The Karla trilogy 
In September or October 1973, the events of Tinker, Tailor, Soldier, Spy take place, with Smiley successfully managing to expose the long-term Soviet agent, or "mole", codenamed "Gerald". The investigation revealed that Gerald, who was actually a senior member of the anti-Control faction that had taken over the Service the previous year, had passed an enormous quantity of high-grade intelligence to the USSR. The mole is found to be Smiley's colleague Bill Haydon, who was also at one time his wife's lover. At the end of this case Smiley became interim Chief of the Service in late November 1973 to clean up the resultant mess, rebuilding the organization's headquarters staff by use of trusted old-timers like Guillam, Doc di Salis, and Connie Sachs.
In 1975 or 1976, after the conclusion of "Operation Dolphin", which was described at length in The Honourable Schoolboy, Smiley retired again from the Service. In Smiley's People he was brought back in late 1977 to investigate the death of an elderly Estonian general, nationalist activist, and erstwhile MI6 agent. A convoluted trail led Smiley to discover a human weakness in his nemesis Karla, whom he persuaded to defect to the West in Berlin in December 1977. This triumph is the highlight of his career.
Smiley in retirement 
Smiley was absent in the three le Carré novels of the 1980s. He re-surfaced for a final time in 1990 when he appeared in The Secret Pilgrim chairing the "Fishing Rights Committee", a body set up to explore possible areas of cooperation between British and Russian intelligence services. Though he does not actually appear in 1989's The Russia House, that novel is connected to certain aspects of Smiley's timeline via Ned, who is also a major player in The Secret Pilgrim.
Le Carré introduced Smiley at about the same time as Len Deighton's unnamed anti-hero (Harry Palmer in the movie versions). This was a time when the critics and the public were welcoming more realistic versions of espionage fiction, in contrast to the glamorous world of Ian Fleming's James Bond.
Smiley is sometimes considered the anti-Bond in the sense that Bond is an unrealistic figure and is more a portrayal of a male fantasy than a realistic government agent. George Smiley, on the other hand, is quiet, mild-mannered and not at all athletic. He lives by his wits and, unlike Bond, is a master of quiet, disciplined intelligence work, rather than gunplay. In The Honourable Schoolboy it becomes clear that he is not as adept at bureaucratic maneuvering as the duplicitous Sam Collins and Saul Enderby, who are able to use even a great success to force him into retirement. Also unlike Bond he is not a bed-hopper; in fact it is Smiley's wife Ann who is notorious for her affairs.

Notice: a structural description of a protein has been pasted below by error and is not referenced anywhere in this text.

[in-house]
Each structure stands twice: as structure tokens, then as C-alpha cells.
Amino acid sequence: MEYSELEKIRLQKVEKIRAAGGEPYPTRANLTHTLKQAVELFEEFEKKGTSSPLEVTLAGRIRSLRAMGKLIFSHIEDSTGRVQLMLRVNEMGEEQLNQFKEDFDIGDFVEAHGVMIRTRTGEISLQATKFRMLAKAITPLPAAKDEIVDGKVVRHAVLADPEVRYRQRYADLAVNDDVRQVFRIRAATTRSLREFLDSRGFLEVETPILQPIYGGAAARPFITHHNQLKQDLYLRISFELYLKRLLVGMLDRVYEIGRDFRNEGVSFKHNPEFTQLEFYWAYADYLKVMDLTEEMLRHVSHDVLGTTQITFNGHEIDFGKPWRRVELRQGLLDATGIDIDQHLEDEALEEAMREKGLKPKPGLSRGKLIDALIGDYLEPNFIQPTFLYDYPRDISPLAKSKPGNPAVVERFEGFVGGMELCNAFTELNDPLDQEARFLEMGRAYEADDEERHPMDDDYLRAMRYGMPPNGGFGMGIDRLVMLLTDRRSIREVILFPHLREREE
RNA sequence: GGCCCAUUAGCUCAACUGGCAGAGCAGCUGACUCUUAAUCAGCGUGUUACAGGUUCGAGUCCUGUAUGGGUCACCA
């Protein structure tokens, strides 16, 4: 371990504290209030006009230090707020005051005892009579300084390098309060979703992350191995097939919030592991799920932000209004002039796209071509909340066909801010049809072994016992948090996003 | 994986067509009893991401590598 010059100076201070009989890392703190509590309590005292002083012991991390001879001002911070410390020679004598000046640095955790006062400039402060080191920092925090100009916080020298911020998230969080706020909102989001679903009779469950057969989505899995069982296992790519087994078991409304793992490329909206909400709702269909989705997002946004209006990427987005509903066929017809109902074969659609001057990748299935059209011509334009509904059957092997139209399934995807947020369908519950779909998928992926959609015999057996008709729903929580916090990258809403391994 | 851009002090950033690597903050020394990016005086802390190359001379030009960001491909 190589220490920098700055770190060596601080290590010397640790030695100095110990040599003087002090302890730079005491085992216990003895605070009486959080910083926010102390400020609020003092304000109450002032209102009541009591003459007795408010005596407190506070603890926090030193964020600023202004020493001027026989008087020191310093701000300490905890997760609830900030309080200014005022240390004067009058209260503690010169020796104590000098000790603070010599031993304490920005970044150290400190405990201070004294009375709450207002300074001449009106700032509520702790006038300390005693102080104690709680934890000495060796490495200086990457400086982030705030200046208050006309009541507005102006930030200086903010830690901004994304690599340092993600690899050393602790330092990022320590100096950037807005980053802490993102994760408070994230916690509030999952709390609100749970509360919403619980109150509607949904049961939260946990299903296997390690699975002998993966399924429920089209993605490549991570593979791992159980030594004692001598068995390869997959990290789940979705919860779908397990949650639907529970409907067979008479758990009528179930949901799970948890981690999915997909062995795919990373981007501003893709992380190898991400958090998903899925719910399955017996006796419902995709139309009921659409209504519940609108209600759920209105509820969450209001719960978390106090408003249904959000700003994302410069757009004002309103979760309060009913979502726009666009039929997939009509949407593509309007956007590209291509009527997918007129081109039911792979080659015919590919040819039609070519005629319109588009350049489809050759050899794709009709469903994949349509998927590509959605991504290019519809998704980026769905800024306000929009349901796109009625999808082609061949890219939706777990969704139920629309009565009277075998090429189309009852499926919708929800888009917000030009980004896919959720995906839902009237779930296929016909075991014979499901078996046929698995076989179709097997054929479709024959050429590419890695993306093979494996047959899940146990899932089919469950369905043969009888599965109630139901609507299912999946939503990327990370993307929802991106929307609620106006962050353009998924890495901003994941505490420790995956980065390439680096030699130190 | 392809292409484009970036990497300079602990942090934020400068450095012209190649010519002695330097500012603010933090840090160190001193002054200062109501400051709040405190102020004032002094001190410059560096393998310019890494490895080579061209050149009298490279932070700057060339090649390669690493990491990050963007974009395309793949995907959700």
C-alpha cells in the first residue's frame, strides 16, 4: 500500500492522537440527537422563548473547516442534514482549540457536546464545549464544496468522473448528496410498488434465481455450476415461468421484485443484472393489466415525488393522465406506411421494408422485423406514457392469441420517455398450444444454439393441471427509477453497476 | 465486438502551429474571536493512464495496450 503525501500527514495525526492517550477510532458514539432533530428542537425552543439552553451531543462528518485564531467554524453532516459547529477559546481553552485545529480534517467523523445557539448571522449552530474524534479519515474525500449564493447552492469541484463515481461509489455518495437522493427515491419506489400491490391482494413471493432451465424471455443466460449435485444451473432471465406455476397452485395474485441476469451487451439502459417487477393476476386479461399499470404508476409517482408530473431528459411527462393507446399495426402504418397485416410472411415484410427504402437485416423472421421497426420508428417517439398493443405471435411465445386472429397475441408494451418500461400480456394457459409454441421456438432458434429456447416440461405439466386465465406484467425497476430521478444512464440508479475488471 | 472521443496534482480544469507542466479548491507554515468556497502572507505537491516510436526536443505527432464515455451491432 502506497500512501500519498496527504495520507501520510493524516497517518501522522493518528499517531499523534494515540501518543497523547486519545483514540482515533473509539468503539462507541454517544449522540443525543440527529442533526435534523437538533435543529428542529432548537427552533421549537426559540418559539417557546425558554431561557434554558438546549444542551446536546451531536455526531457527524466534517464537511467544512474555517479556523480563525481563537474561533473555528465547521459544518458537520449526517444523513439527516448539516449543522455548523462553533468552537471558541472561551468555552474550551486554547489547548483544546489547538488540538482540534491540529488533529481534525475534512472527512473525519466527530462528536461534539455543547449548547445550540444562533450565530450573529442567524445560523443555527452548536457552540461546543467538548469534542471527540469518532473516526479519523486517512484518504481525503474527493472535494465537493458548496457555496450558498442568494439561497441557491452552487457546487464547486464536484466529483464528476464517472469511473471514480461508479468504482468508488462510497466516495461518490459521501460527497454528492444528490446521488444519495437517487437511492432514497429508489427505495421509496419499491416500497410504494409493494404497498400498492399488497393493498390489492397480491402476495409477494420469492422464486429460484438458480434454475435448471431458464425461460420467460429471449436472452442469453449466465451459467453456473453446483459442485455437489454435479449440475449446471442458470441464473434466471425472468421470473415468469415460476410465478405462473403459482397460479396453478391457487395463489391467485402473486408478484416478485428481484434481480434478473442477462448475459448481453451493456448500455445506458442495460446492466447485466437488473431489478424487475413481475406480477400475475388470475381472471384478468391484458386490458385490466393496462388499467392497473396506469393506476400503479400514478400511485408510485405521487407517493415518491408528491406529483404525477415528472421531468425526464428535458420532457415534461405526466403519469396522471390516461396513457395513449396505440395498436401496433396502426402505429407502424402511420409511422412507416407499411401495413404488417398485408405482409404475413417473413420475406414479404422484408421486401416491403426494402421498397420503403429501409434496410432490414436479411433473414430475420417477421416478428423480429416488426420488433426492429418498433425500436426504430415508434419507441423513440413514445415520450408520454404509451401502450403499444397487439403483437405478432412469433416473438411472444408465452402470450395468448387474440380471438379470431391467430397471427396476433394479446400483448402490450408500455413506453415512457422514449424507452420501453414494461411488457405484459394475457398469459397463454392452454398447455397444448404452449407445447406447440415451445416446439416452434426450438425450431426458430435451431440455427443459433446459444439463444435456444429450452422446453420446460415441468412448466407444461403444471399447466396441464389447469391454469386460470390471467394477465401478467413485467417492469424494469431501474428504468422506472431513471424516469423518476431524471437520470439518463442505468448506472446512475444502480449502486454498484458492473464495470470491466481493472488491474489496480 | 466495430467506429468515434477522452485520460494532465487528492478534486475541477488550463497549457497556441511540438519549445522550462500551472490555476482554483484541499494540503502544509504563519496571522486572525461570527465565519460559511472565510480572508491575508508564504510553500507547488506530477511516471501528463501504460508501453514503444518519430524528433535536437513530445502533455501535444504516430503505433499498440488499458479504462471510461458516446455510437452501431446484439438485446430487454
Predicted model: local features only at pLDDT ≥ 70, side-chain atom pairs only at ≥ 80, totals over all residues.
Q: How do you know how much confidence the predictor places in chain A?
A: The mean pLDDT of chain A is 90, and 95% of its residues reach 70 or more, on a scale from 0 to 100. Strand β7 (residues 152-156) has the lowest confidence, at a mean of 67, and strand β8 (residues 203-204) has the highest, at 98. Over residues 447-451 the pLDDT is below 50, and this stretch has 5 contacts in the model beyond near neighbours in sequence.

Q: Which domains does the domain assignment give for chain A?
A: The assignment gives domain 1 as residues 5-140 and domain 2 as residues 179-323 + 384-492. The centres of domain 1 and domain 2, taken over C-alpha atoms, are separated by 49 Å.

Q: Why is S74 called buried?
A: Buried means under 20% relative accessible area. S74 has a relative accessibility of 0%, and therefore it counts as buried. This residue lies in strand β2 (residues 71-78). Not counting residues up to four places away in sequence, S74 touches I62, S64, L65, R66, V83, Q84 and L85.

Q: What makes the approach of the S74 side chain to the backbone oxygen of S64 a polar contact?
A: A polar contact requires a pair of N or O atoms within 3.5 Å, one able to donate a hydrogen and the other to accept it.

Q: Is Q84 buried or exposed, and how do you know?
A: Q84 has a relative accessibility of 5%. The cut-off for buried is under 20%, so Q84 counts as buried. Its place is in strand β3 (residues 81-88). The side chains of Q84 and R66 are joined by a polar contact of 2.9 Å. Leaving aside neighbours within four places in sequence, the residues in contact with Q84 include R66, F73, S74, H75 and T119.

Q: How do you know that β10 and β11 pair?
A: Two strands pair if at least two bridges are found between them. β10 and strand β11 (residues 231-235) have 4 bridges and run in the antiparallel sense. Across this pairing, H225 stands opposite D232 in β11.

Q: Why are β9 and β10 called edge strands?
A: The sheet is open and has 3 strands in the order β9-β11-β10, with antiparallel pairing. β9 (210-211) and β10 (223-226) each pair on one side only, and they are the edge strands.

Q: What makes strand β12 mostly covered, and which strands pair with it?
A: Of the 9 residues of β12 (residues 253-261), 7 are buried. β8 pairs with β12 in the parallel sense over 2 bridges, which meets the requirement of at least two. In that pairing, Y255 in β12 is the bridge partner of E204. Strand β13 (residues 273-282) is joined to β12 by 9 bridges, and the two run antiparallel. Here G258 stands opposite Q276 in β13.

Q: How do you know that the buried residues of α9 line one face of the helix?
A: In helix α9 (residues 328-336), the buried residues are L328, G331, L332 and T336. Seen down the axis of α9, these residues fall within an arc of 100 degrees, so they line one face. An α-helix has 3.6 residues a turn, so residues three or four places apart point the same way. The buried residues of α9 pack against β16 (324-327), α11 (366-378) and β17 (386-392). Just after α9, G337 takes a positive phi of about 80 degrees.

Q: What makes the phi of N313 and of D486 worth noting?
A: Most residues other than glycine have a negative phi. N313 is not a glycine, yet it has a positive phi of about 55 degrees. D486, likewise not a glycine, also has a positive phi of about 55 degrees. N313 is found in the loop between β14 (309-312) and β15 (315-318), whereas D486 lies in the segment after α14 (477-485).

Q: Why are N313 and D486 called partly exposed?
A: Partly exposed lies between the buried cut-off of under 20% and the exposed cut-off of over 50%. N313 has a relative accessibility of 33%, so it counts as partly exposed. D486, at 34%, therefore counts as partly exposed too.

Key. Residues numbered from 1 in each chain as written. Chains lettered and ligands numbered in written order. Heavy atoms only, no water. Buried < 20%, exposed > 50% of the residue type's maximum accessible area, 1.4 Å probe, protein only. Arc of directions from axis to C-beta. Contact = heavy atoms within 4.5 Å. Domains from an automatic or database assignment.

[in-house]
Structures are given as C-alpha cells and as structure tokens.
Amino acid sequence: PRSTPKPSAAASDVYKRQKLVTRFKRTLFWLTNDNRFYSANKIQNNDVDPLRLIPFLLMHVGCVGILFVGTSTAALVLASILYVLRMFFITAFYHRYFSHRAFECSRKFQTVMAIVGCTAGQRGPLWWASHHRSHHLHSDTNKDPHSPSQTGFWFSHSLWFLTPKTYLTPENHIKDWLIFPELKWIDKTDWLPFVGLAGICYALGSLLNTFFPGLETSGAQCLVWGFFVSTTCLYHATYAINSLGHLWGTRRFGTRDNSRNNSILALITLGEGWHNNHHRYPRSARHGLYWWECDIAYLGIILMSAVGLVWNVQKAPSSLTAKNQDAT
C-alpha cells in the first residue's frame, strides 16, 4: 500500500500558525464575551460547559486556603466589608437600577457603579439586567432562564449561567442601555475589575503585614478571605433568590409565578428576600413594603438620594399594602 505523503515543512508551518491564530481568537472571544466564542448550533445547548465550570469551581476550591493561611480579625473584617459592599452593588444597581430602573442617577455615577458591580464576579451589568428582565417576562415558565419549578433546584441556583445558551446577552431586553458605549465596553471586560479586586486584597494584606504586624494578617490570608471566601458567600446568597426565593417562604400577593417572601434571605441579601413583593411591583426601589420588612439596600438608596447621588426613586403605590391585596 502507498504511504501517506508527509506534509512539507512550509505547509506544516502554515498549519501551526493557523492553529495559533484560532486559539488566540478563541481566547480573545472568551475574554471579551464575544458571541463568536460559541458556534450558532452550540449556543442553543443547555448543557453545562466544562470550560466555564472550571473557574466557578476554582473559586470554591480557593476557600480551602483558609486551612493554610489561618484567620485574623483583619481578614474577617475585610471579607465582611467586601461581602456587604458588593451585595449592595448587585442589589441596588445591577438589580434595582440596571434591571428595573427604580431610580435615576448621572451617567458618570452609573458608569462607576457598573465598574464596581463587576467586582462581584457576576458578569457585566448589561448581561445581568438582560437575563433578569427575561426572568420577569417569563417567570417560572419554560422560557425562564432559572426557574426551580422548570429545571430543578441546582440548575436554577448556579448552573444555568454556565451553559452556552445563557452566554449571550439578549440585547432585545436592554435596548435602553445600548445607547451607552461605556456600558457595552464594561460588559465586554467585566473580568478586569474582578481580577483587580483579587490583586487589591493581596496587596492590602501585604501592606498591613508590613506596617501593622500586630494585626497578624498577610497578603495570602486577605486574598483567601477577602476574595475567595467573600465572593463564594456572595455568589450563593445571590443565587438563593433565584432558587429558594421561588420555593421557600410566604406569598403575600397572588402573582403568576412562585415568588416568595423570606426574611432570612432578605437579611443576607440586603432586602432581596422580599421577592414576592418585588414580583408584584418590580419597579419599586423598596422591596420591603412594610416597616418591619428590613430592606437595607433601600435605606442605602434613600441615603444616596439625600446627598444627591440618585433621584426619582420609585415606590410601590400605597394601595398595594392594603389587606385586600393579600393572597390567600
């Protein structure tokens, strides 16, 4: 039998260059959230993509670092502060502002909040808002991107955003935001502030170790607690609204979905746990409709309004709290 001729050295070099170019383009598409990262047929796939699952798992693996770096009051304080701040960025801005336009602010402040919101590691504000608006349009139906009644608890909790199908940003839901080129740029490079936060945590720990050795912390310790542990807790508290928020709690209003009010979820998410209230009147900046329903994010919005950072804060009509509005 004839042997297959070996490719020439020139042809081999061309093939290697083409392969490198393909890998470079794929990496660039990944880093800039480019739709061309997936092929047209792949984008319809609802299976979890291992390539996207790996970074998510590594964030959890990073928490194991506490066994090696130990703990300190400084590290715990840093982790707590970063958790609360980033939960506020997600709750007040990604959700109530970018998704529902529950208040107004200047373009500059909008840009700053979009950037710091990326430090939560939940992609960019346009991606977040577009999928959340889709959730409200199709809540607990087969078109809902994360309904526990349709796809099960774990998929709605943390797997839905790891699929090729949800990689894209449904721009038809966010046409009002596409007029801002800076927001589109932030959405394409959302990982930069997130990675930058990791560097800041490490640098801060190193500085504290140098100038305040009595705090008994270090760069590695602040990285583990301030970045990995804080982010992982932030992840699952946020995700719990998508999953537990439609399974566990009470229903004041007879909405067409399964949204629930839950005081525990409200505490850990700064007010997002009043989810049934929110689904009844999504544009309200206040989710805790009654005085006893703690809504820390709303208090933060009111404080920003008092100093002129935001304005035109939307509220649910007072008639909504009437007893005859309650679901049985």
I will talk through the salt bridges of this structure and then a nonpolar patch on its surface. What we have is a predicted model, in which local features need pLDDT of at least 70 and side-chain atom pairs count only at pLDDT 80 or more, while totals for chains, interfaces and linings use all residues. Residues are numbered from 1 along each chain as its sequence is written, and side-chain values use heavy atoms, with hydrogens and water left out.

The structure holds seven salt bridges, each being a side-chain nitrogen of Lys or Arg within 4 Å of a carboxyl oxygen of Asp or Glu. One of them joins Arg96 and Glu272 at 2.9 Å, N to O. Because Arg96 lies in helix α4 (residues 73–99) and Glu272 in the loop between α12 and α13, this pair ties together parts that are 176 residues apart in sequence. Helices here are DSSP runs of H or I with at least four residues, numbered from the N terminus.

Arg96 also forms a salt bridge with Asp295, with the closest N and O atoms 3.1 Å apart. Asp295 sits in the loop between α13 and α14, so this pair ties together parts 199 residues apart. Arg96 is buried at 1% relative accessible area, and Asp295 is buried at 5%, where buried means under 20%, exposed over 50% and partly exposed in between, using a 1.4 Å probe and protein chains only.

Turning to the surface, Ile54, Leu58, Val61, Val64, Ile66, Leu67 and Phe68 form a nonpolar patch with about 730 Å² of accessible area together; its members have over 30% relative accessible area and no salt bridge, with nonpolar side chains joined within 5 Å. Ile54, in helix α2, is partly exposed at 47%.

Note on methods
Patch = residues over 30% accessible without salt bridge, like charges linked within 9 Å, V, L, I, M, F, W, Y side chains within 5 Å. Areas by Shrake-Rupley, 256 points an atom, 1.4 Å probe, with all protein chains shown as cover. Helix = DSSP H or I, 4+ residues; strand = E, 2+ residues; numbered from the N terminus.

When Tinker, Tailor, Soldier, Spy was published, the reviewer of The Spectator described Smiley as a "brilliant spy and totally inadequate man", although this is not the case. Smiley has his pride, and in the end, in Smiley's People, he refuses to take the beautiful Ann back, despite her pleadings.
Smiley is depicted as an exceptionally skilled spymaster, gifted with a prodigious memory and a talent for getting people to talk. His subtle interrogation methods, derived from psychology and experience, he imparts to his understudies, such as Jerry Westerby and Peter Guillam. These are depicted as far superior to the heavy-handed tactics of the Americans, who are called "the Cousins" in Circus jargon, and whose entry into a mission always ensures that things will get a lot rougher.
A student of espionage with a profound insight into human weakness and fallibility, highly sagacious and incredibly perceptive, he is very conscious of the immoral, grisly and unethical aspects of his profession. At the same time he works to inculcate loyalty and discipline into his pupils, and a sense of moral obligation to the espionage service, and to the country. Smiley has no patience with the political niceties of Whitehall and their distaste for classical espionage tactics, including bribery, blackmail, and turning enemy agents into their own double agents. On the other hand, he is not a "hawk", given to the sharp, militaristic attitudes of "the Cousins" (clearly depicted during the climax of The Honourable Schoolboy).
Despite his series of retirements, Smiley's own unflinching loyalty to and support for his people inculcates loyalty in them. Thus, whether in or out of the Service he is able to maintain an extensive range of aides and support-staff, extending even to "retired" police officers, former and present Service members.
Le Carré describes him as a somewhat short and fat man, who always wears expensive but badly fitting clothes (he "dressed like a bookie"). He has a habit of cleaning his glasses on the "fat end" of his necktie.
In March 2010, while giving a talk on his life and works at the Sheldonian Theatre, Oxford, le Carré responded to a question concerning what became of Smiley by telling the audience that although he would like to think of Smiley as a Sherlock Holmesian figure, never having really retired, he acknowledged that to his mind, the character would now be "very old and getting past—certainly in his nineties". This accords with the later chronology. Le Carré envisaged Smiley now to be "keeping bees somewhere", still alive but very much retired.
In 1995, le Carré said that the character of George Smiley was inspired by his one-time Lincoln College, Oxford tutor, the former Rev. Vivian Green—a renowned historian and author with an encyclopaedic knowledge. However, other than the thick spectacles and Green's habit of disappearing into a crowd, there were too many dissimilarities between the loquacious Green and the reticent Smiley to make this a clear match, and so other sources for Smiley continued to be named. It has been suggested that le Carré subconsciously took the name of his hero from special forces and intelligence officer Colonel David de Crespigny Smiley. More commonly, it was rumoured that le Carré modelled the character on Sir Maurice Oldfield, a former head of British Intelligence, who physically resembled Smiley. Le Carré denied the rumours, citing the fact that Oldfield and he were not contemporaries, although he and Alec Guinness lunched with Oldfield when Guinness was researching the role of Smiley, and several of Oldfield's mannerisms of dress and behaviour were adopted by the actor for his performance.